• Jeffrey Curley's father speaks out against killer's upcoming parole hearing


    BOSTON (MyFoxBoston.com) - The father of a boy who was kidnapped and killed at the age of 10 is speaking out against a convicted killer's upcoming parole hearing.

    Bob Curley has never stopped fighting for his son, Jeffrey. Now that his killer, Charles Jaynes, has a parole hearing scheduled, Bob knows he'll be fighting for the rest of his life.

    "You know it's coming, but still when the reality hits you, it's still a shock," says Bob. "It's still not a pleasant feeling."

    A jury convicted Jaynes of second-degree murder 15 years ago, making him eligible for parole now. Jaynes' parole hearing has been scheduled for March 19. Bob thinks there are people in jail that deserve a second chance, but that Jaynes is not one of them.

    In November, Jaynes petitioned for a name change and was denied. Bob attended that hearing and says he'll attend Jaynes' parole hearing as well, but he won't be listening to what he has to tell the parole board.

    "He had this hearing for his name change and he's rambling on about his new found religion. He's a Wiccan. He's changed. How he's grown. Hey, come on will ya? I really don't want to hear anything from him. I could care less what he has got to say," says Bob.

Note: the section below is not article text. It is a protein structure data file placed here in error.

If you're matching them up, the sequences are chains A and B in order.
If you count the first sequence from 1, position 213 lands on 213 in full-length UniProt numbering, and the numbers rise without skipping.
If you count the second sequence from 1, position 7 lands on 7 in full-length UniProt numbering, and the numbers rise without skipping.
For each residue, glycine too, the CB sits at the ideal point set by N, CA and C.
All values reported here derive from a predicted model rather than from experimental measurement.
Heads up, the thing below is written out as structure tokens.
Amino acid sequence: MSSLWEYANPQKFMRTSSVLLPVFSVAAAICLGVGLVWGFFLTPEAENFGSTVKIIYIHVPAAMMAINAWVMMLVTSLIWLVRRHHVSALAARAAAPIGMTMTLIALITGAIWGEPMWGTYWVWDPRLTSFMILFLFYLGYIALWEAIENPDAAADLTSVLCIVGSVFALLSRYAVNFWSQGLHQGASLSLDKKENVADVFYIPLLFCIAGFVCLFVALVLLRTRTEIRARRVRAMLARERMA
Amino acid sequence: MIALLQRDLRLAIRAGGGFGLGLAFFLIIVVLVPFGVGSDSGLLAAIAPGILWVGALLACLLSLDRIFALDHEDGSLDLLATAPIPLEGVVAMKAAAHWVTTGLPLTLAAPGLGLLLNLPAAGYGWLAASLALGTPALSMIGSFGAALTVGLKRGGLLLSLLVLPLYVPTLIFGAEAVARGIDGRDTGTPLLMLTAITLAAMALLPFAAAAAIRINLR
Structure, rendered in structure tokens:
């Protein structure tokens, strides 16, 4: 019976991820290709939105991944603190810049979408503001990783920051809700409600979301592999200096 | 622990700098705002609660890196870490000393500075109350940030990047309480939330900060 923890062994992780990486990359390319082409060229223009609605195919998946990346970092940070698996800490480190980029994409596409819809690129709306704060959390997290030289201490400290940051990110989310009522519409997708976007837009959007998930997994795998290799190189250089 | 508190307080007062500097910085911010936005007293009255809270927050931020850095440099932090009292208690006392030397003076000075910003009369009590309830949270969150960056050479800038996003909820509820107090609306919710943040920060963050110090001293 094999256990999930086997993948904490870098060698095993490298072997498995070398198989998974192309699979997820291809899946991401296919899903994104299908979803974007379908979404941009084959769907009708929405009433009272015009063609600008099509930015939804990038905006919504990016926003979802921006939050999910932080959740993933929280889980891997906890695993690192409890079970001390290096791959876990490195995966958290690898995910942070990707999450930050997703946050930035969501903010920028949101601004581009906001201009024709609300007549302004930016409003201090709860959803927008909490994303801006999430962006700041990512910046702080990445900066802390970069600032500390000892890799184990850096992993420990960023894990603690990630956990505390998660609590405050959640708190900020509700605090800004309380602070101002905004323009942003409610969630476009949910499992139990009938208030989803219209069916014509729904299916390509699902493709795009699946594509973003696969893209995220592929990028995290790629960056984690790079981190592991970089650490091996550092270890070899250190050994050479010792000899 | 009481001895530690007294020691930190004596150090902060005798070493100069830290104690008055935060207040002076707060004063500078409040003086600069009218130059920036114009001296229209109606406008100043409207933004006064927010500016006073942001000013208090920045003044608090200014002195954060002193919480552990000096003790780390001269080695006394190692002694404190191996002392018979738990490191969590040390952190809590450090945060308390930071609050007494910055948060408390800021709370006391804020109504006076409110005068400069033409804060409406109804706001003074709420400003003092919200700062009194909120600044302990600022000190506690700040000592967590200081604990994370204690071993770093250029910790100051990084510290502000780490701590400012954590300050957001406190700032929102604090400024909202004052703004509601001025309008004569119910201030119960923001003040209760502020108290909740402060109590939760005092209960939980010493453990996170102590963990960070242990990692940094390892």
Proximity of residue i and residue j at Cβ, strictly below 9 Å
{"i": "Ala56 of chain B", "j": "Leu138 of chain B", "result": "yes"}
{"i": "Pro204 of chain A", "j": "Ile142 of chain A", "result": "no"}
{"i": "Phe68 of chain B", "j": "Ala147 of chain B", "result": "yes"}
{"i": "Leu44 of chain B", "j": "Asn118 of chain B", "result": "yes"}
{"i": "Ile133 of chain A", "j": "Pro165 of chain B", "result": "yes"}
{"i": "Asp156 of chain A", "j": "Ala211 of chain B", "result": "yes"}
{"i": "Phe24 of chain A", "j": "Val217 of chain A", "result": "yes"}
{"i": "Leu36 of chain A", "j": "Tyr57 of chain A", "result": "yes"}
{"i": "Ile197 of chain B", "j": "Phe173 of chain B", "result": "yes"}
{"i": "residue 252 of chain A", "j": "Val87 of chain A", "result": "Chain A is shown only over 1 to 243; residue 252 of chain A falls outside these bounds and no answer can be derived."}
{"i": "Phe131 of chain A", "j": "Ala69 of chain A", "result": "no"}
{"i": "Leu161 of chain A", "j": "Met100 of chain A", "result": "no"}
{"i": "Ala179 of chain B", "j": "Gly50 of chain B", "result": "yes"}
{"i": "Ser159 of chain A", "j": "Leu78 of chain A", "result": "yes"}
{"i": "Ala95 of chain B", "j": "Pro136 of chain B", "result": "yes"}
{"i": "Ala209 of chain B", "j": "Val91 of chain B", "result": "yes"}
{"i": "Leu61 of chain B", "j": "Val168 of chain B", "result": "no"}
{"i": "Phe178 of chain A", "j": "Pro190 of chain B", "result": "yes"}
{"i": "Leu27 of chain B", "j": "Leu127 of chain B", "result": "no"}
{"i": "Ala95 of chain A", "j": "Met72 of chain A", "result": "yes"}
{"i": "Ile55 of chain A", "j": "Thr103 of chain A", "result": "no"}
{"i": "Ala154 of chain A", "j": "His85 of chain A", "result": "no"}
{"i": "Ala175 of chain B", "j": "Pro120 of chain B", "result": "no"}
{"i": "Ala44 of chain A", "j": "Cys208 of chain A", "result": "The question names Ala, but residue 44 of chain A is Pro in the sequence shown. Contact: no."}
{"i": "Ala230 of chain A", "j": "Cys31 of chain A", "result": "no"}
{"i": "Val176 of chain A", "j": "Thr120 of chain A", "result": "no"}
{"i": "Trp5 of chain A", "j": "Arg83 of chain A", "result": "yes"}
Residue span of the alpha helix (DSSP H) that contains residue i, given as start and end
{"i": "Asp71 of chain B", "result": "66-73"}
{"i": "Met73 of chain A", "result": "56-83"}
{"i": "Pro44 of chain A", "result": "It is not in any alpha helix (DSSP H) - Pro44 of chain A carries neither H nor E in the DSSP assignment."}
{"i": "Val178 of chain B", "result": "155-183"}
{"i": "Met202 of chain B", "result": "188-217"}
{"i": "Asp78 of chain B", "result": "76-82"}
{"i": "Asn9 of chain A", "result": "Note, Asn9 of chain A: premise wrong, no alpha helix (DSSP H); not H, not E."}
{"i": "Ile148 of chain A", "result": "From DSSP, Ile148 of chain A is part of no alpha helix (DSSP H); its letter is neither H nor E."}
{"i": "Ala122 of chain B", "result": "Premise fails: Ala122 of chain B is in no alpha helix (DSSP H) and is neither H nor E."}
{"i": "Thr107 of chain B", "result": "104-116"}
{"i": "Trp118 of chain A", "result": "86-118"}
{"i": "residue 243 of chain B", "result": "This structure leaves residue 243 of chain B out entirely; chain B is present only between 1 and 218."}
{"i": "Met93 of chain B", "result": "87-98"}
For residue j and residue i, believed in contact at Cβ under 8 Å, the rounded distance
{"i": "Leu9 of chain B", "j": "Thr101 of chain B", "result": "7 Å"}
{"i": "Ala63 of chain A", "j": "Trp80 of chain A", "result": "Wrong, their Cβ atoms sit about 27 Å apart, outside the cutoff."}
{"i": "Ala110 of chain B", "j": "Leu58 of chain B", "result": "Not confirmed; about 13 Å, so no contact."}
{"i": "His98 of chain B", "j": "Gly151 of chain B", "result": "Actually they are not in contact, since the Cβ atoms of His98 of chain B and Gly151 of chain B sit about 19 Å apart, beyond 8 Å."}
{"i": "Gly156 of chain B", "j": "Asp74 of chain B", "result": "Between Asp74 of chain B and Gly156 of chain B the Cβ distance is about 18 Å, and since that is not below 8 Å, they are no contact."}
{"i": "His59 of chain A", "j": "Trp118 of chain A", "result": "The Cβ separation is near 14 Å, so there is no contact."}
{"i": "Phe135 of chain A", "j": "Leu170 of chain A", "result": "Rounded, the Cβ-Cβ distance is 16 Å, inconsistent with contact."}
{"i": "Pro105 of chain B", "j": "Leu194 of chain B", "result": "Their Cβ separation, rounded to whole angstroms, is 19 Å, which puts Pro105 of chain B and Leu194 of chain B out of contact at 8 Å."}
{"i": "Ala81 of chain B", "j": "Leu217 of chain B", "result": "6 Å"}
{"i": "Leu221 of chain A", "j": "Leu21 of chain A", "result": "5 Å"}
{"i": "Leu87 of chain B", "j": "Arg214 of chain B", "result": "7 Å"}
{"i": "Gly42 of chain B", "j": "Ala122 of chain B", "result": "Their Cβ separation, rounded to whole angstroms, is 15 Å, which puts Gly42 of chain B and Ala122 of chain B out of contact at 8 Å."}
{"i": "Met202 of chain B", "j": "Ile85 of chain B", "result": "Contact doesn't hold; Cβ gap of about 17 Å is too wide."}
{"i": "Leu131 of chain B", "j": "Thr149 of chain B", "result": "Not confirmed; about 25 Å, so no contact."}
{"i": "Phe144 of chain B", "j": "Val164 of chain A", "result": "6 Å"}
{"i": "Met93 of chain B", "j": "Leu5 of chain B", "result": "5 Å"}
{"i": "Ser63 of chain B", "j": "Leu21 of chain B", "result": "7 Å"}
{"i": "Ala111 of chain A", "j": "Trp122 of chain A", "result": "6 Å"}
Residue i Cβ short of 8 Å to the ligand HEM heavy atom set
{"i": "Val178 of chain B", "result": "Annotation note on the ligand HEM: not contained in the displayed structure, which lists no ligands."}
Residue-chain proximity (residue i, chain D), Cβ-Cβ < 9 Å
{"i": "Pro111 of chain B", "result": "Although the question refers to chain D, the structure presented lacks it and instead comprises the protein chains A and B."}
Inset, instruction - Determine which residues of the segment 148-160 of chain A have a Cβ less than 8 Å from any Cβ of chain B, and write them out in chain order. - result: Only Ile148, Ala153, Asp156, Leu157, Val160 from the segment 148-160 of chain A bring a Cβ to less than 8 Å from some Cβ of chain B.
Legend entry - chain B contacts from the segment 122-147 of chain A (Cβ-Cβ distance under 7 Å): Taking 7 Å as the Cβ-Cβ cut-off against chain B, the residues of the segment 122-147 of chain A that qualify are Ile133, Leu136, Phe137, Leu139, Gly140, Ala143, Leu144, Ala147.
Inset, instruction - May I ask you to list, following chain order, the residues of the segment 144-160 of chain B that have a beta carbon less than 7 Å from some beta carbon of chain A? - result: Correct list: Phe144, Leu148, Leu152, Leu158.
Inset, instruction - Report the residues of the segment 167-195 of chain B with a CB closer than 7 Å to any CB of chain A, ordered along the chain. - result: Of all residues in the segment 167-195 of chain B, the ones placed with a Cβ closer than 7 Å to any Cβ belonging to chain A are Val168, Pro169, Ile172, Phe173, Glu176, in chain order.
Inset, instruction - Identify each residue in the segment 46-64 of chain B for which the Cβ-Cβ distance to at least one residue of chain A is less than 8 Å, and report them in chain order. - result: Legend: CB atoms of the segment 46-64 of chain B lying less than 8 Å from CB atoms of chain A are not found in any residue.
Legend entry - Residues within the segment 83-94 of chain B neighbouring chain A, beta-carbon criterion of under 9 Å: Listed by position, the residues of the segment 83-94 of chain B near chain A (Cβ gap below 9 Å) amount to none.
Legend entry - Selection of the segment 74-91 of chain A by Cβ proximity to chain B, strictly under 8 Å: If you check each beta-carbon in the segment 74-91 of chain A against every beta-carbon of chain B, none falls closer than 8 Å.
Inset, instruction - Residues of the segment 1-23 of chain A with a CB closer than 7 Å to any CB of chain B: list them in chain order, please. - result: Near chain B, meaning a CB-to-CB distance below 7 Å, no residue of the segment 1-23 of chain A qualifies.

Jaynes, along with Salvatore Sicari, were convicted of abducting and murdering Jeffrey in 1997, sodomizing his body in a New Hampshire apartment, putting his body in a container and dumping it in a Maine river.

    Word that Jaynes is eligible for parole has quickly spread. At the website Causes.com, more than 2,700 people have pledged to write to the parole board, urging it to reject Jaynes' petition. More than 5,000 people have shared the petition.

    "The support that we've received over the years has been fantastic, really has been good," says Bob. "I think things like this scare people to the core. That somebody can come into a neighborhood like East Cambridge and commit a crime like that against a child. If that doesn't frighten you to your core, nothing will."

    If Jaynes is denied parole, he can petition for it again every two to five years. Bob tells FOX 25 he will go to each and every parole hearing. He hopes to meet with federal prosecutors to see if federal charges can be brought against Jaynes.

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